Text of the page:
Although some references cite the Laumann Model 1892 as the “first” semi-automatic pistol, a review of patent applications suggests that the title should be granted to the Salvator Dormus, the patent for which was registered in Austria on July 11, 1891. This was an interesting 8 mm blowback pistol in many respects, differing from many others in that it had been designed from the ground up, rather than a modification of an earlier repeater. The gun was loaded through the top with a charger, had a hinged magazine door on the butt, and was fitted with a separate bolt release and safety. As expected, the Dormus went through a number of iterations, reaching its final form in 1895, at which point approximately 50 were completed. Of those, 30 were sent to the Austrian military in 1896 and tested the following year, explaining the “97” acceptance mark that appears on a number of pistols. Unfortunately for the designers, the Dormus was rejected. Discouraged and bereft of funds, the project was abandoned, rendering the few surviving pistols as true rarities.
Laumann Model 1891/Model 1892, Schoenberger-Laumann Model 1894
In the early 1890s, Joseph Laumann re-designed his 8 mm repeater pistol to function as a blowback-operated semi-automatic. He was soon joined by Schoenberger, who is usually credited with having transformed the repeater pistol into a true semi-automatic. The earliest Austrian patent to cover self-loading function was dated Nov. 25, 1891, supporting the Model 1892’s title as the “second” semi-automatic pistol. As with the Laumann repeater, cocking was via a large lever that attached to the frame by the trigger. The gun loaded from the top by a special charger that was released by depressing the checkered button on the right side of the receiver. The safety/bolt release was just above the tang. Very large and awkward, it is estimated that fewer than 35 were completed, with production halted after its rejection by the Austrian military in 1896.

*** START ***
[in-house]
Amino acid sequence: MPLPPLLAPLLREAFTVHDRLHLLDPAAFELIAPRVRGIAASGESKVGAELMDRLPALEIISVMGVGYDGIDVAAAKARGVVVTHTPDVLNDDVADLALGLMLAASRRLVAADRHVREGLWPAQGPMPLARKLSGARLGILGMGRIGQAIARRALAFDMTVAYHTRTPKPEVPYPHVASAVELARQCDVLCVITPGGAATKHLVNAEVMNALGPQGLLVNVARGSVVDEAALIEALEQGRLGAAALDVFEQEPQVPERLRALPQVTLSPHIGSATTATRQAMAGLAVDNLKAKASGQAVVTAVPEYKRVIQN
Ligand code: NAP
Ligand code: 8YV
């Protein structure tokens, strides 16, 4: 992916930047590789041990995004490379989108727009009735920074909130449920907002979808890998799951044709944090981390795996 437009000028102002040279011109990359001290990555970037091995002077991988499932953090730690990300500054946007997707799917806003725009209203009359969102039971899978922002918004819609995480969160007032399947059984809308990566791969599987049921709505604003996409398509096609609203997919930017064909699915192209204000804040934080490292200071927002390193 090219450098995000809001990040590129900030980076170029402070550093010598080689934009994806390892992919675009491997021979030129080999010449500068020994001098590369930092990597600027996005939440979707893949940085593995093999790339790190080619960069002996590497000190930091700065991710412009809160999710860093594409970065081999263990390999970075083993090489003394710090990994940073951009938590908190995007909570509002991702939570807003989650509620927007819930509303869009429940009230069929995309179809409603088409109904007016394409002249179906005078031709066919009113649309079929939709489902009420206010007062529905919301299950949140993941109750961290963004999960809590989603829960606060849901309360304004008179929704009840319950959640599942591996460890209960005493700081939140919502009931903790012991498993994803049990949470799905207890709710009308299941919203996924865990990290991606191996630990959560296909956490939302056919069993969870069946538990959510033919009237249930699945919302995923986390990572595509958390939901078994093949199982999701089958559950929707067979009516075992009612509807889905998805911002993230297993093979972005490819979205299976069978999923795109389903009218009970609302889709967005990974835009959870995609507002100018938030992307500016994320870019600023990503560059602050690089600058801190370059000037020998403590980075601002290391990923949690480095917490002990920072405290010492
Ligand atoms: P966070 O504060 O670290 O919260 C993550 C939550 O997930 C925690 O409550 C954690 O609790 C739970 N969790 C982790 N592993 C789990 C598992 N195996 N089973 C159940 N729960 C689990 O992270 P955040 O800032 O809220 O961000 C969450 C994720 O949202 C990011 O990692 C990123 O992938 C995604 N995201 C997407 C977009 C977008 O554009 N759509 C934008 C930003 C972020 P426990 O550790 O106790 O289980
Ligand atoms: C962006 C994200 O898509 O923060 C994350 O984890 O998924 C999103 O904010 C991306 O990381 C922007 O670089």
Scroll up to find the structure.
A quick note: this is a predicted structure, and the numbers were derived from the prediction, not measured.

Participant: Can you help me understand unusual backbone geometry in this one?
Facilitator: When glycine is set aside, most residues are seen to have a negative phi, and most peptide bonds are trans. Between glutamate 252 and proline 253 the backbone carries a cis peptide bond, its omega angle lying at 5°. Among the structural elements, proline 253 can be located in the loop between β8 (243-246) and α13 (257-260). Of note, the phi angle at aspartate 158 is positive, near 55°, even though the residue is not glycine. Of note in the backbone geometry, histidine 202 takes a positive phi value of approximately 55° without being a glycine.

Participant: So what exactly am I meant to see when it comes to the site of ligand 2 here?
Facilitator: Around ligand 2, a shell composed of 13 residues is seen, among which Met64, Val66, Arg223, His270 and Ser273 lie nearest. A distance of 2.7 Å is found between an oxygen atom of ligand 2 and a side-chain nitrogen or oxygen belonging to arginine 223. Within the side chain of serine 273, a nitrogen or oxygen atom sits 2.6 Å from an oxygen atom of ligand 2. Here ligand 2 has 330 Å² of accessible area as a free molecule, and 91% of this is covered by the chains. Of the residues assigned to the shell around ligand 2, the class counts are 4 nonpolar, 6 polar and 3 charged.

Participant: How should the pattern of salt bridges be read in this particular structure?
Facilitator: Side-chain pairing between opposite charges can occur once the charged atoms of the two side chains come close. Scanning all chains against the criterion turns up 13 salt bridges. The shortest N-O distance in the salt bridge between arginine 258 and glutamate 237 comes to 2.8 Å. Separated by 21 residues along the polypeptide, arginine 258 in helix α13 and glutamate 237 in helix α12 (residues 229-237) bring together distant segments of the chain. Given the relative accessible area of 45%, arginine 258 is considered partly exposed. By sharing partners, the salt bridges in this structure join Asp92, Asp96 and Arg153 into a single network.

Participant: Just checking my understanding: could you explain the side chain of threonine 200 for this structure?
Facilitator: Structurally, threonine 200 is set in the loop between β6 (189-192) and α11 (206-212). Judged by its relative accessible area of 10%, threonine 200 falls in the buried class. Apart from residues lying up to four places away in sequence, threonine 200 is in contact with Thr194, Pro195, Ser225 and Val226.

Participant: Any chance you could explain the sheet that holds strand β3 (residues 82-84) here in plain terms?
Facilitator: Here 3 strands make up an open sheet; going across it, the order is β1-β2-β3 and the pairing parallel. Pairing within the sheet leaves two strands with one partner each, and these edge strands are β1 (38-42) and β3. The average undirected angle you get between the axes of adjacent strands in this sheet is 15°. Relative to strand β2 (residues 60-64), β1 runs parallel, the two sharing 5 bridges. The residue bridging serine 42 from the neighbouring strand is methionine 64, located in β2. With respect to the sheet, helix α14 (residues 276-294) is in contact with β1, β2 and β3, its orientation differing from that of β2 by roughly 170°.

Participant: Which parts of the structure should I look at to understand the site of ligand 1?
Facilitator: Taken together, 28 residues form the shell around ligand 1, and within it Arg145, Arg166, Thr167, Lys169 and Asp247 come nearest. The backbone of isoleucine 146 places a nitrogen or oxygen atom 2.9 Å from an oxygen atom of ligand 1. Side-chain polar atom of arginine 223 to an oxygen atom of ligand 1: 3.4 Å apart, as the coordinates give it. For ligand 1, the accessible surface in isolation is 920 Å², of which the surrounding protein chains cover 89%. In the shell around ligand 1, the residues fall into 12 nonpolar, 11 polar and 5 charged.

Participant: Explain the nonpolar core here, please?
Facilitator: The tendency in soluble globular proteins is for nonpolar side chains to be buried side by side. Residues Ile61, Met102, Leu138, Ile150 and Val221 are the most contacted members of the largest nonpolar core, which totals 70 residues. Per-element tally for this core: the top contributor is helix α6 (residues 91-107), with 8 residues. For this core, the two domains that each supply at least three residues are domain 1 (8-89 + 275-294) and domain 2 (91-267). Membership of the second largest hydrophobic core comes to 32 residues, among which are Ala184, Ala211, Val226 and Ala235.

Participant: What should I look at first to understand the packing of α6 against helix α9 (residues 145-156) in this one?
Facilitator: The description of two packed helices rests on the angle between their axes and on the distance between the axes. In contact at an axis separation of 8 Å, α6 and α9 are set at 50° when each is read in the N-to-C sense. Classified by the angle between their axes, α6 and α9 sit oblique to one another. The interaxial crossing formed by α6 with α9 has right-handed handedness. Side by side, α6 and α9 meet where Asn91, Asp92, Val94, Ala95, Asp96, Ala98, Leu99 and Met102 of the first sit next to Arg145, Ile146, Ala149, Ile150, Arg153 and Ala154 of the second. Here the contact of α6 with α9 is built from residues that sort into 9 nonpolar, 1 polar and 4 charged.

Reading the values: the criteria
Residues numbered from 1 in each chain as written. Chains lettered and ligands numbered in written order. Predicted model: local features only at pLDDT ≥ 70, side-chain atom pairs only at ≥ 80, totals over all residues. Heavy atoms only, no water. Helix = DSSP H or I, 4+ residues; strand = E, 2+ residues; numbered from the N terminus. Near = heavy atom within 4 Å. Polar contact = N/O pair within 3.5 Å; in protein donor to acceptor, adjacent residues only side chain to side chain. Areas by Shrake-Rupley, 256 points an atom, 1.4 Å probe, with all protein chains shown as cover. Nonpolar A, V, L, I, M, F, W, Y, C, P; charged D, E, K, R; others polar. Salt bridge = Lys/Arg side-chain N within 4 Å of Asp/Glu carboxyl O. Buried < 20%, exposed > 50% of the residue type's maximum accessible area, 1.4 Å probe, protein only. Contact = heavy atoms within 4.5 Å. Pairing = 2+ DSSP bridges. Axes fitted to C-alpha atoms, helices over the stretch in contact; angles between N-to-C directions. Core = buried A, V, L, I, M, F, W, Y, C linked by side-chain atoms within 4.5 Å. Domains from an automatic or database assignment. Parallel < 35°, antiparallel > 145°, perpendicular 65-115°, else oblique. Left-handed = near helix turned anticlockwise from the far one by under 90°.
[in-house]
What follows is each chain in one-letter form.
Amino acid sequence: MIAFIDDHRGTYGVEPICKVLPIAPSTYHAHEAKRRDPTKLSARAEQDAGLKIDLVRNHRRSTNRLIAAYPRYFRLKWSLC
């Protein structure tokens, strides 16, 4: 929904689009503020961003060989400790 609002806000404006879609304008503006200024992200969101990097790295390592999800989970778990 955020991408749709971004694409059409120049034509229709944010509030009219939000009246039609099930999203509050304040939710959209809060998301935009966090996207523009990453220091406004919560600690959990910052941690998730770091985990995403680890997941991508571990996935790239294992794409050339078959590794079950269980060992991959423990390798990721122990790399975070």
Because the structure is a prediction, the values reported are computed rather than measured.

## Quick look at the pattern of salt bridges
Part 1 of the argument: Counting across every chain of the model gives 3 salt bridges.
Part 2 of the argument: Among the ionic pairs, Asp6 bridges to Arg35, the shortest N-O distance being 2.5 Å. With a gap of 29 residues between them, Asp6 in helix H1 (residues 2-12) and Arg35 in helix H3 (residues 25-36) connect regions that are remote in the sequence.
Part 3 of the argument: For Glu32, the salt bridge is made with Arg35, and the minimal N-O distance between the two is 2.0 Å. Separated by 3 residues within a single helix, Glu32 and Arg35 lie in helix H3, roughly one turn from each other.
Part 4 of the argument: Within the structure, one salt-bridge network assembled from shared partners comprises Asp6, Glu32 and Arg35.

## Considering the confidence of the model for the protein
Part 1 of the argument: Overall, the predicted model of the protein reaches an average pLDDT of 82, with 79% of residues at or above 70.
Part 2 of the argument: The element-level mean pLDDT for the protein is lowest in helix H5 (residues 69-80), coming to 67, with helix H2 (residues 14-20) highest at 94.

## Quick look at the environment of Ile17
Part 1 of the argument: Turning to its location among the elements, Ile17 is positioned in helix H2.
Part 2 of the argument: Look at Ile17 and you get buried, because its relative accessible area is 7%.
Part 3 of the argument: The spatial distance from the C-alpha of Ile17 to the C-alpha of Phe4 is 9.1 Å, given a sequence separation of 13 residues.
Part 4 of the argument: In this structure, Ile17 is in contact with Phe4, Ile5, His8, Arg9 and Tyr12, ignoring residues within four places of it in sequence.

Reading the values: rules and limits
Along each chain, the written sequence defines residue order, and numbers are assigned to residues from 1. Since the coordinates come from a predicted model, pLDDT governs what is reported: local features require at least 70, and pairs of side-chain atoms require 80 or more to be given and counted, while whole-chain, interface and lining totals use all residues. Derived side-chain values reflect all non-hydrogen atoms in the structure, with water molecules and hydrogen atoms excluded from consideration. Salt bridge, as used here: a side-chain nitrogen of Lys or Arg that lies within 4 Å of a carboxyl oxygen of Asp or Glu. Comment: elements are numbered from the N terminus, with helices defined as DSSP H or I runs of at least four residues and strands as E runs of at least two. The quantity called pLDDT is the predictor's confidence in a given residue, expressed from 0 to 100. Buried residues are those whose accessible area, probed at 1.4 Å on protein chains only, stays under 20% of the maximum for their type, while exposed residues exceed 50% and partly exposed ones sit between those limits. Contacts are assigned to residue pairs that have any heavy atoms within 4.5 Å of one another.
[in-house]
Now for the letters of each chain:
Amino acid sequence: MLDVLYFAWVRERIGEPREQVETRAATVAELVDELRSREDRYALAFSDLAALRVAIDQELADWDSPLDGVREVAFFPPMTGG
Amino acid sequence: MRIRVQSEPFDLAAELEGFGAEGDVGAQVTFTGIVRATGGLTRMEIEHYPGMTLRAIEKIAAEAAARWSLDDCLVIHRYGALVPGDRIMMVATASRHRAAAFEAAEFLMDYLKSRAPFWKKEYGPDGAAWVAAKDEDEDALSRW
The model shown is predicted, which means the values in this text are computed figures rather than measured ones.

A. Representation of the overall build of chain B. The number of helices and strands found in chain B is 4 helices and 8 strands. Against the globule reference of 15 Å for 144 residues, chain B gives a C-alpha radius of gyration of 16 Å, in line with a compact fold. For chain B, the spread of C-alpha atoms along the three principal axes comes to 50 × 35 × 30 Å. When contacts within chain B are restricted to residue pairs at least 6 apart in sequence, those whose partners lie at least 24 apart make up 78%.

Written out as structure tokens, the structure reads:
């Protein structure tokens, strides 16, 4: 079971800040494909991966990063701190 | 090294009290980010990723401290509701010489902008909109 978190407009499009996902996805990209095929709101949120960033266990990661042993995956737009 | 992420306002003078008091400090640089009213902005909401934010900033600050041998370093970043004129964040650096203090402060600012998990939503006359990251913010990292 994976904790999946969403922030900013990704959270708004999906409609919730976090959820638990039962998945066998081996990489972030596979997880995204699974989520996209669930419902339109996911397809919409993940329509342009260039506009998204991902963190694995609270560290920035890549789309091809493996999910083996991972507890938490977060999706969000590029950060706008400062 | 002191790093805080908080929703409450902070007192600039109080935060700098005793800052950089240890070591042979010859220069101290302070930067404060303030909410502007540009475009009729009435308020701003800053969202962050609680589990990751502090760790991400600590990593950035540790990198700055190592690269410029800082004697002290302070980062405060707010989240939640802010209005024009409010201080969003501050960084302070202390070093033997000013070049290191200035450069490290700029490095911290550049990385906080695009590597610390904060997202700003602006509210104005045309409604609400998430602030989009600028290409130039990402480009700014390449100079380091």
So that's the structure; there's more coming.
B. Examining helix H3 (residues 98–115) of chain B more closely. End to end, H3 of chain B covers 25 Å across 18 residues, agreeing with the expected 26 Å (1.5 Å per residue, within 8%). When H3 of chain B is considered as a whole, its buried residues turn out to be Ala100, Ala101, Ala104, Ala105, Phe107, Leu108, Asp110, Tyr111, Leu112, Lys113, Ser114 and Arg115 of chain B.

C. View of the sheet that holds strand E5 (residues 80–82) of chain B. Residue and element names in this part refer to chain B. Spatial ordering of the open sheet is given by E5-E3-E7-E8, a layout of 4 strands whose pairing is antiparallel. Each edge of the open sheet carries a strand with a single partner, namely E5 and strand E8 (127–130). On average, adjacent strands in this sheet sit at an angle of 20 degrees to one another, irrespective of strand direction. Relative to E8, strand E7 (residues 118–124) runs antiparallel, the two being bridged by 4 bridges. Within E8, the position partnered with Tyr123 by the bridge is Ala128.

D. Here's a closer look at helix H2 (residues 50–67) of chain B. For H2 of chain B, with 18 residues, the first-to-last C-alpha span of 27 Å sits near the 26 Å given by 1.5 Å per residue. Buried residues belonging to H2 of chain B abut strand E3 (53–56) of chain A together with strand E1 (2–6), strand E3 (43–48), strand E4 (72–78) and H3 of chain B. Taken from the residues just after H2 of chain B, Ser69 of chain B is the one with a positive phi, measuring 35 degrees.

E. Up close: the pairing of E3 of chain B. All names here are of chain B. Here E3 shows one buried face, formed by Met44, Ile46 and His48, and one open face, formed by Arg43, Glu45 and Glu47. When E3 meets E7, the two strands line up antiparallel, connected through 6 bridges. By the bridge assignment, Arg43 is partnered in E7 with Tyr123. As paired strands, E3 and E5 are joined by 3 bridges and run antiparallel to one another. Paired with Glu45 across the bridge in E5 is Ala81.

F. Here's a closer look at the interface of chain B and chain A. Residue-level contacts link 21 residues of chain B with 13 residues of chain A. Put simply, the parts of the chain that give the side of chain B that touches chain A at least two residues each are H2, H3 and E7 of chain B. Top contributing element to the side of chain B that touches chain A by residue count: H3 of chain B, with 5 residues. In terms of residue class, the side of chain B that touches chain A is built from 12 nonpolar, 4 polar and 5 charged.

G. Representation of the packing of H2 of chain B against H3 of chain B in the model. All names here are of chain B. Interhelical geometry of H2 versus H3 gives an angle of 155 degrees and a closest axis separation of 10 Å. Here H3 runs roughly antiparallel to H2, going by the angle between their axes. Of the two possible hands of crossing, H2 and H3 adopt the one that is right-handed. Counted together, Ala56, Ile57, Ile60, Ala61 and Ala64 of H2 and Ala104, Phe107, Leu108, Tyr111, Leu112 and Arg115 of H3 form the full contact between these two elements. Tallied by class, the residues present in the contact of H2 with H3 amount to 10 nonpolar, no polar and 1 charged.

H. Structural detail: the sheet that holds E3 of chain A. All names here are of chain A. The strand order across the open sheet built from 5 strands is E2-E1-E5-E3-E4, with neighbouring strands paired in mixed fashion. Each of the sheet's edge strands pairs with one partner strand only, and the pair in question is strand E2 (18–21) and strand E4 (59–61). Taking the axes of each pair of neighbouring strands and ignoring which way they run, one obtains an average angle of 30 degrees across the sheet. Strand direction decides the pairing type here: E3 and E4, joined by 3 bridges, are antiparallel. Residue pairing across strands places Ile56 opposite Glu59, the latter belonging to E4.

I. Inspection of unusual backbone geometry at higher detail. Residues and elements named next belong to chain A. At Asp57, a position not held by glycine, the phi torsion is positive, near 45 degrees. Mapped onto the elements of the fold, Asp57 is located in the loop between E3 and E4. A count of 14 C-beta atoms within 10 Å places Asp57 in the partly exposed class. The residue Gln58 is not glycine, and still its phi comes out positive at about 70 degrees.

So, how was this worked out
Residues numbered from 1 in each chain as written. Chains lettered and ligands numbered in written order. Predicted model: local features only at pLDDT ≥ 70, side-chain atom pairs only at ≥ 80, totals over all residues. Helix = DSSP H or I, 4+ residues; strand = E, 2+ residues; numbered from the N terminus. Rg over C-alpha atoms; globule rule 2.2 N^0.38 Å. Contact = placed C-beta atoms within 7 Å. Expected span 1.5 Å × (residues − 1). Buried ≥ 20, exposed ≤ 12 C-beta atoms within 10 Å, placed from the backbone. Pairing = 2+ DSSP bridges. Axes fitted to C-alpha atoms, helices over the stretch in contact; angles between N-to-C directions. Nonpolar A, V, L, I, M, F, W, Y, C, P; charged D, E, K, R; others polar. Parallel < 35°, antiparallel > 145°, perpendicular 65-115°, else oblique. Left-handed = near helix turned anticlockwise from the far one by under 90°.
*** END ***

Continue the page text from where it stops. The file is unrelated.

Borchardt Model 1893
Hugo Borchardt designed his namesake pistol while working for a Hungarian arms company. For a variety of reasons, the manufacturing rights were assigned to Ludwig Loewe & Co. of Germany, then a major manufacturer of military rifles. Although the pistol was outside of Loewe’s usual venue, the firm felt that its contacts would surely facilitate a military contract. Unfortunately, Loewe was wrong. While it was true that the Borchardt was chambered for the powerful 7.63 mm Borchardt cartridge, functioned with a reliable toggle-locked mechanism, and had a convenient safety and a push-button magazine release, the gun was extraordinarily ungainly, especially without the detachable shoulder stock. It made no difference that the pistol and stock were attractively packaged in attaché-cased sets with four matching magazines, a dummy magazine, cleaning implements and an instruction booklet. The answer from every government was still “no.” After repeated suggestions that the gun be redesigned to a more compact form, Borchardt got angry, refused and turned the project over to Georg Luger. In the meantime, Loewe assembled about 1,100 Model 1893s before handing the production to Deutsche Waffen- und Munitionsfabriken (DWM), which completed fewer than 2,000 pistols, bringing the total number of Borchardts to about 3,000 guns.